The urban heat island effect is a good example of how microclimates work. NOAA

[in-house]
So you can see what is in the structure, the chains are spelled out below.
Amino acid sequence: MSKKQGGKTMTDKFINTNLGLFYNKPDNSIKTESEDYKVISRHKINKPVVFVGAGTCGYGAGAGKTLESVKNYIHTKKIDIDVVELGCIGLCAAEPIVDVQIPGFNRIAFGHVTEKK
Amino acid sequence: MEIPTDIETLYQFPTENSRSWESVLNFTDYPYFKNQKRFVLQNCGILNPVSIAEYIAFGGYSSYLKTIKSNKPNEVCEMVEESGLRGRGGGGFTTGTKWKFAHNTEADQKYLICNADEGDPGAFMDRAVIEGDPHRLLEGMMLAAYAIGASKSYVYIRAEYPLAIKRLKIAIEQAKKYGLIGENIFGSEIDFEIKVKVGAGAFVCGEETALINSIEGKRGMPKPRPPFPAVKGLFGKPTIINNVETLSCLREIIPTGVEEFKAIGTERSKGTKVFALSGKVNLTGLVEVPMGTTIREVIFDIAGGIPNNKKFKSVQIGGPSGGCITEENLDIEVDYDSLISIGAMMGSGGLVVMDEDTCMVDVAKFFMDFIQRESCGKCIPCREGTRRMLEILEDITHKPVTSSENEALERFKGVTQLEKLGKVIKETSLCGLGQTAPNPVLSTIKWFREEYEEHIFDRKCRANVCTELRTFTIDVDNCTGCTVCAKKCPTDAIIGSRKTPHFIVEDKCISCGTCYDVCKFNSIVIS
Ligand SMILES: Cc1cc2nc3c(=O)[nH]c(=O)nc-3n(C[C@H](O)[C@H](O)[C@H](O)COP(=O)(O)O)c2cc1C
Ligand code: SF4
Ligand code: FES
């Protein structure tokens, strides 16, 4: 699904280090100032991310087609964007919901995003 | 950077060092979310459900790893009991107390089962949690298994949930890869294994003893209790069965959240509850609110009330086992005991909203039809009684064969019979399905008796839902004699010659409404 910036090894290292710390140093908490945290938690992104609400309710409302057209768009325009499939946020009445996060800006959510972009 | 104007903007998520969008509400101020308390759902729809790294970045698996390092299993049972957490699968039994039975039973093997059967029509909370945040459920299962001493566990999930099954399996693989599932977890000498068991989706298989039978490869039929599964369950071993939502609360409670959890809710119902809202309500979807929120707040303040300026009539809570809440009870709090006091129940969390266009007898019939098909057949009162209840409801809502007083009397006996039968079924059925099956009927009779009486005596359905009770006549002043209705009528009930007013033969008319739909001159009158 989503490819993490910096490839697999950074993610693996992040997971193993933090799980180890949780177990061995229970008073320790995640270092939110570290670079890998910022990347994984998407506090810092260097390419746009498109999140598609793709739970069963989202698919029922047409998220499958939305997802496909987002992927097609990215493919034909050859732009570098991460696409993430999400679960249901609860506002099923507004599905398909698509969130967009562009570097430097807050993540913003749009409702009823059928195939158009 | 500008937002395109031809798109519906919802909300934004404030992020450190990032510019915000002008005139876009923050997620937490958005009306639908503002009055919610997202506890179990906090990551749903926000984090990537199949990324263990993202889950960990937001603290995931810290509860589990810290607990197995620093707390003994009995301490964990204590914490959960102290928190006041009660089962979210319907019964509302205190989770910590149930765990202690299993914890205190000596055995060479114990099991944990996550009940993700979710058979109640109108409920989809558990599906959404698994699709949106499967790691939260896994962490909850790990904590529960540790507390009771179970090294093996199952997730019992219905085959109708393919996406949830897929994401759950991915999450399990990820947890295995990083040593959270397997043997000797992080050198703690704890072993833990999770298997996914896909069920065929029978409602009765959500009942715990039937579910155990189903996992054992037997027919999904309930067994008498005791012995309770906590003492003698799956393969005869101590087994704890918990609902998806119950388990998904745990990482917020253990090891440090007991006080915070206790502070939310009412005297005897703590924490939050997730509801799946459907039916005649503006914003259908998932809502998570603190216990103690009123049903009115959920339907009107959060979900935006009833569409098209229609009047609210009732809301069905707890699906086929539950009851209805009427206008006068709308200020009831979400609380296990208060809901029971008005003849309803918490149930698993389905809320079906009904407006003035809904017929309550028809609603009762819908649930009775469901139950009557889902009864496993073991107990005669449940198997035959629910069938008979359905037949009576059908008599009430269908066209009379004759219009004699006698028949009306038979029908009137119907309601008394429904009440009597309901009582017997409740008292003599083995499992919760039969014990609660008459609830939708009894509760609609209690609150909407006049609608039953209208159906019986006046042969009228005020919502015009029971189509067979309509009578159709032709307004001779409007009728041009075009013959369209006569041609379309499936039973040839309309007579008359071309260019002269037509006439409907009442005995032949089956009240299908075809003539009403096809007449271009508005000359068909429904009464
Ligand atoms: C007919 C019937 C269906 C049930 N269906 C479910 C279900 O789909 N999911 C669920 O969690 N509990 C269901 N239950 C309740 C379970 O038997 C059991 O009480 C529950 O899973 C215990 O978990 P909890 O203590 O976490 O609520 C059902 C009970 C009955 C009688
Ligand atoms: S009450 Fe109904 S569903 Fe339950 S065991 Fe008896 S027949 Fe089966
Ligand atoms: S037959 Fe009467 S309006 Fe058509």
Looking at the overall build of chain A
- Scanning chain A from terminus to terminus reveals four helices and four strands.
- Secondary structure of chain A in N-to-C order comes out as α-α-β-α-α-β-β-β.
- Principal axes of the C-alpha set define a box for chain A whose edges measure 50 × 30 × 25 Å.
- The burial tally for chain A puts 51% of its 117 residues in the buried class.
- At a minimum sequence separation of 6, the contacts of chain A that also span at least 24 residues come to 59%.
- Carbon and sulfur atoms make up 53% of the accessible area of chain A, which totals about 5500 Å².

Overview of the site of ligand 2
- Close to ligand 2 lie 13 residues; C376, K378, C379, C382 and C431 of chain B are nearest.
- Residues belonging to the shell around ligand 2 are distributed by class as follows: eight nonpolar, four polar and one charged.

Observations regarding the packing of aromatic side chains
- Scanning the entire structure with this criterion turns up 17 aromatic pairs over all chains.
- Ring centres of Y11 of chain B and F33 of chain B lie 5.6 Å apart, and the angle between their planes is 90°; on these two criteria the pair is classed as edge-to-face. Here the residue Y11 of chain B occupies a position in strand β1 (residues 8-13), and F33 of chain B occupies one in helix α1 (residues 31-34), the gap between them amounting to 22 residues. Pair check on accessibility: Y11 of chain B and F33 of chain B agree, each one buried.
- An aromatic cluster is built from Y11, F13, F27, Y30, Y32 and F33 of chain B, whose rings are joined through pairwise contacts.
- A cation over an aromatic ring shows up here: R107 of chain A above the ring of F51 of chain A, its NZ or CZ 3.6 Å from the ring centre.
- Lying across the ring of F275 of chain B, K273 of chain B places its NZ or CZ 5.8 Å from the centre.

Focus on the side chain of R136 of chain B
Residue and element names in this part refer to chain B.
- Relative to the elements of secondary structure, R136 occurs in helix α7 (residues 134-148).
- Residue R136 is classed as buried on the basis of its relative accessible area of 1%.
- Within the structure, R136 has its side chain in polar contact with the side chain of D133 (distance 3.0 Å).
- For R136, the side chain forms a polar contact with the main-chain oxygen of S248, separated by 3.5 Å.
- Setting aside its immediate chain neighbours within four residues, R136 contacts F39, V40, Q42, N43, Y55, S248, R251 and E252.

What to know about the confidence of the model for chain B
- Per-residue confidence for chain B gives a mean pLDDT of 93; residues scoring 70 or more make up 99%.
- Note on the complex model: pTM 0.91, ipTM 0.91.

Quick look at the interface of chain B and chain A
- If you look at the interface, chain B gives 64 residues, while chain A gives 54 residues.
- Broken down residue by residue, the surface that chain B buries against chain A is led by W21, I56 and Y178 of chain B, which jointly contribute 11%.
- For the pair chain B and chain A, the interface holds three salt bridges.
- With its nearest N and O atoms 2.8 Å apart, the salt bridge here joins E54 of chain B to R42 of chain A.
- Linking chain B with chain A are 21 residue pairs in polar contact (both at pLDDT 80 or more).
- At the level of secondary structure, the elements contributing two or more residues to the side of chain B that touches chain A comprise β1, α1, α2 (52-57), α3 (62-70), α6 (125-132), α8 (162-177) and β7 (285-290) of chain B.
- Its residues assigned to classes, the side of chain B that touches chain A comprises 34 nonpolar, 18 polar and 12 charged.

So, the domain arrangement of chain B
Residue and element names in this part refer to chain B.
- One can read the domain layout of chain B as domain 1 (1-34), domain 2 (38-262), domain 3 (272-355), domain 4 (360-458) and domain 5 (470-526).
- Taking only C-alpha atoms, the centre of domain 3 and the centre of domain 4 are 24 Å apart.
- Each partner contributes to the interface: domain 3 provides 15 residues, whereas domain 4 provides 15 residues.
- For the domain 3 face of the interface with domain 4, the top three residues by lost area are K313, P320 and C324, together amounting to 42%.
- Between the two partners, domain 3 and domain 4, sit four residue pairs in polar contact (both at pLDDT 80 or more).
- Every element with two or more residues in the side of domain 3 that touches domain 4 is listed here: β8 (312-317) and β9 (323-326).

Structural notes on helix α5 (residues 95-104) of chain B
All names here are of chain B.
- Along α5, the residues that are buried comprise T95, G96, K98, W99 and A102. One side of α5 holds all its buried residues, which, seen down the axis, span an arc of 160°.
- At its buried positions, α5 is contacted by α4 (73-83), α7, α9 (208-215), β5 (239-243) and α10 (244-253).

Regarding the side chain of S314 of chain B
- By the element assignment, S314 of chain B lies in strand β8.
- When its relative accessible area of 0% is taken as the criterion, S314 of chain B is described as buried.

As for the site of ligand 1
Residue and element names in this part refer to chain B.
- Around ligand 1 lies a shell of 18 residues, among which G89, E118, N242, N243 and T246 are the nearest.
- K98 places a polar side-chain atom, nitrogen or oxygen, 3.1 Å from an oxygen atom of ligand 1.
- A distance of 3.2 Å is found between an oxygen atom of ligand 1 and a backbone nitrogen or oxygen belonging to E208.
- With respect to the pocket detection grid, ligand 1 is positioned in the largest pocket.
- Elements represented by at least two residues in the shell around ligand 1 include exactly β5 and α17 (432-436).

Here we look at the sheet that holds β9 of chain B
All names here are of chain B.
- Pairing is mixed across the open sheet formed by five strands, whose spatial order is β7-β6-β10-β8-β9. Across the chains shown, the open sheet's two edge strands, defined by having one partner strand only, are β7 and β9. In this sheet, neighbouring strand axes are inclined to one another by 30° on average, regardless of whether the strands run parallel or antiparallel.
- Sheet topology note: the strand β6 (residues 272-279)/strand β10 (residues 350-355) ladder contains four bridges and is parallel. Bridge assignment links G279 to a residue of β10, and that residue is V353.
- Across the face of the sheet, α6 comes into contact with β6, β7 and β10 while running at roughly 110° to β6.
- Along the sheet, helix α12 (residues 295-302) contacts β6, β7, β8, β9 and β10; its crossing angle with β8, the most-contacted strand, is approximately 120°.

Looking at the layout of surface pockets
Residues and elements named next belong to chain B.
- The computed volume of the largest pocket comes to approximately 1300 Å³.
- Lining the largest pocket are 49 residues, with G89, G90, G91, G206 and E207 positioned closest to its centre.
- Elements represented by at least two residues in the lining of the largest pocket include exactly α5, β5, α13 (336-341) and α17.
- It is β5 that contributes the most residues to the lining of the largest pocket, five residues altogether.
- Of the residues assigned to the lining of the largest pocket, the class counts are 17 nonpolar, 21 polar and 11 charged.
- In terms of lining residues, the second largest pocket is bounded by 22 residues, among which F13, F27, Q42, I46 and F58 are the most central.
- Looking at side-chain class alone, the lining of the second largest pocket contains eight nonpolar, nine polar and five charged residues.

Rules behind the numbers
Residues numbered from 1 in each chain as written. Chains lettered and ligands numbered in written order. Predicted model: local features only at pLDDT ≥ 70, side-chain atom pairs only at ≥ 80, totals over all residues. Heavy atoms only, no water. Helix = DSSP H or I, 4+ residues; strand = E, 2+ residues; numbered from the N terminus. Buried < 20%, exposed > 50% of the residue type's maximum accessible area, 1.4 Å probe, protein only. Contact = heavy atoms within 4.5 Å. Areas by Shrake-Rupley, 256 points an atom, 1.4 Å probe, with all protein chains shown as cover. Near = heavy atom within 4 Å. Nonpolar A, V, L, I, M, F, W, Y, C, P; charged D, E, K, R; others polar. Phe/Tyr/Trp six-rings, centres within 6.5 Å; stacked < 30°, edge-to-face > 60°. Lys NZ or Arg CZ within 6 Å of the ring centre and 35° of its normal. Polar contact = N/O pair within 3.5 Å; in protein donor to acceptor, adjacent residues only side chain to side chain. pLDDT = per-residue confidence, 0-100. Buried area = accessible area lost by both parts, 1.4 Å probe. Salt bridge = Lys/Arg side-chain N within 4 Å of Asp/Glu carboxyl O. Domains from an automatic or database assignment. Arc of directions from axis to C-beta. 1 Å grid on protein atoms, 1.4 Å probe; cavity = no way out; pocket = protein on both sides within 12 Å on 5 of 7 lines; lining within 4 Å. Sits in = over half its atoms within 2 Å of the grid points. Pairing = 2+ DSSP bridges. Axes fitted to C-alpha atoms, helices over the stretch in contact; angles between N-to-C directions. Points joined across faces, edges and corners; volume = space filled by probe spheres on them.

Microclimates on a Grand Scale<p>It's no secret that our planet is going through some rough times at the macro level. The global temperature is <a href="https://climate.nasa.gov/vital-signs/global-temperature/" target="_blank">climbing</a>; nine out of the <a href="https://www.noaa.gov/news/2019-was-2nd-hottest-year-on-record-for-earth-say-noaa-nasa" target="_blank">10 hottest years on record</a> have occurred since 2005. And by one recent estimate, roughly 1 million species around the world are <a href="https://ipbes.net/sites/default/files/2020-02/ipbes_global_assessment_report_summary_for_policymakers_en.pdf" target="_blank">facing extinction</a> due to human activities.</p><p>"One of the big questions that ecologists and environmental scientists are trying to answer right now is how will individual species and whole ecosystems respond to rapid climate change and habitat loss," says Jucker. "...To me, [microclimates are] a key component of this research — if we don't measure and understand climate at the appropriate scale, then predicting how things will change in the future becomes a lot harder."</p><p>Developers have long understood the impact small-scale climates have on our daily lives. <a href="https://science.howstuffworks.com/environmental/green-science/urban-heat-island.htm#pt0" target="_blank">Urban heat islands</a> are cities that have higher temperatures than neighboring rural areas.</p><p>Plants release vapors that can moderate local climates. But in cities, natural greenery is often scarce. To make matters worse, plenty of our roads and buildings have a bad habit of absorbing or re-emitting heat from the sun. <a href="https://www.google.com/books/edition/Microclimate_and_Local_Climate/LHUZDAAAQBAJ?hl=en&gbpv=1&bsq=urban%20heat%20island" target="_blank">Vehicle emissions</a> don't exactly help the situation.</p><p>Still, it's not like Boston or Beijing are thermal monoliths. Sometimes, the documented temperatures <a href="https://e360.yale.edu/features/can-we-turn-down-the-temperature-on-urban-heat-islands" target="_blank">within a single city</a> vary by 15 to 20 degrees Fahrenheit (8.3 to 11.1 degrees Celsius).</p><p>That's where metro parks and city trees come in. They have nice cooling effects on nearby neighborhoods. "Several cities around the world have developed programs to increase urban green spaces," says Blanken. "Tree planting programs and green roof programs, have been shown to lower surface temperatures, decrease air pollution and decrease surface water runoff (urban flash-flooding) in urban areas."</p>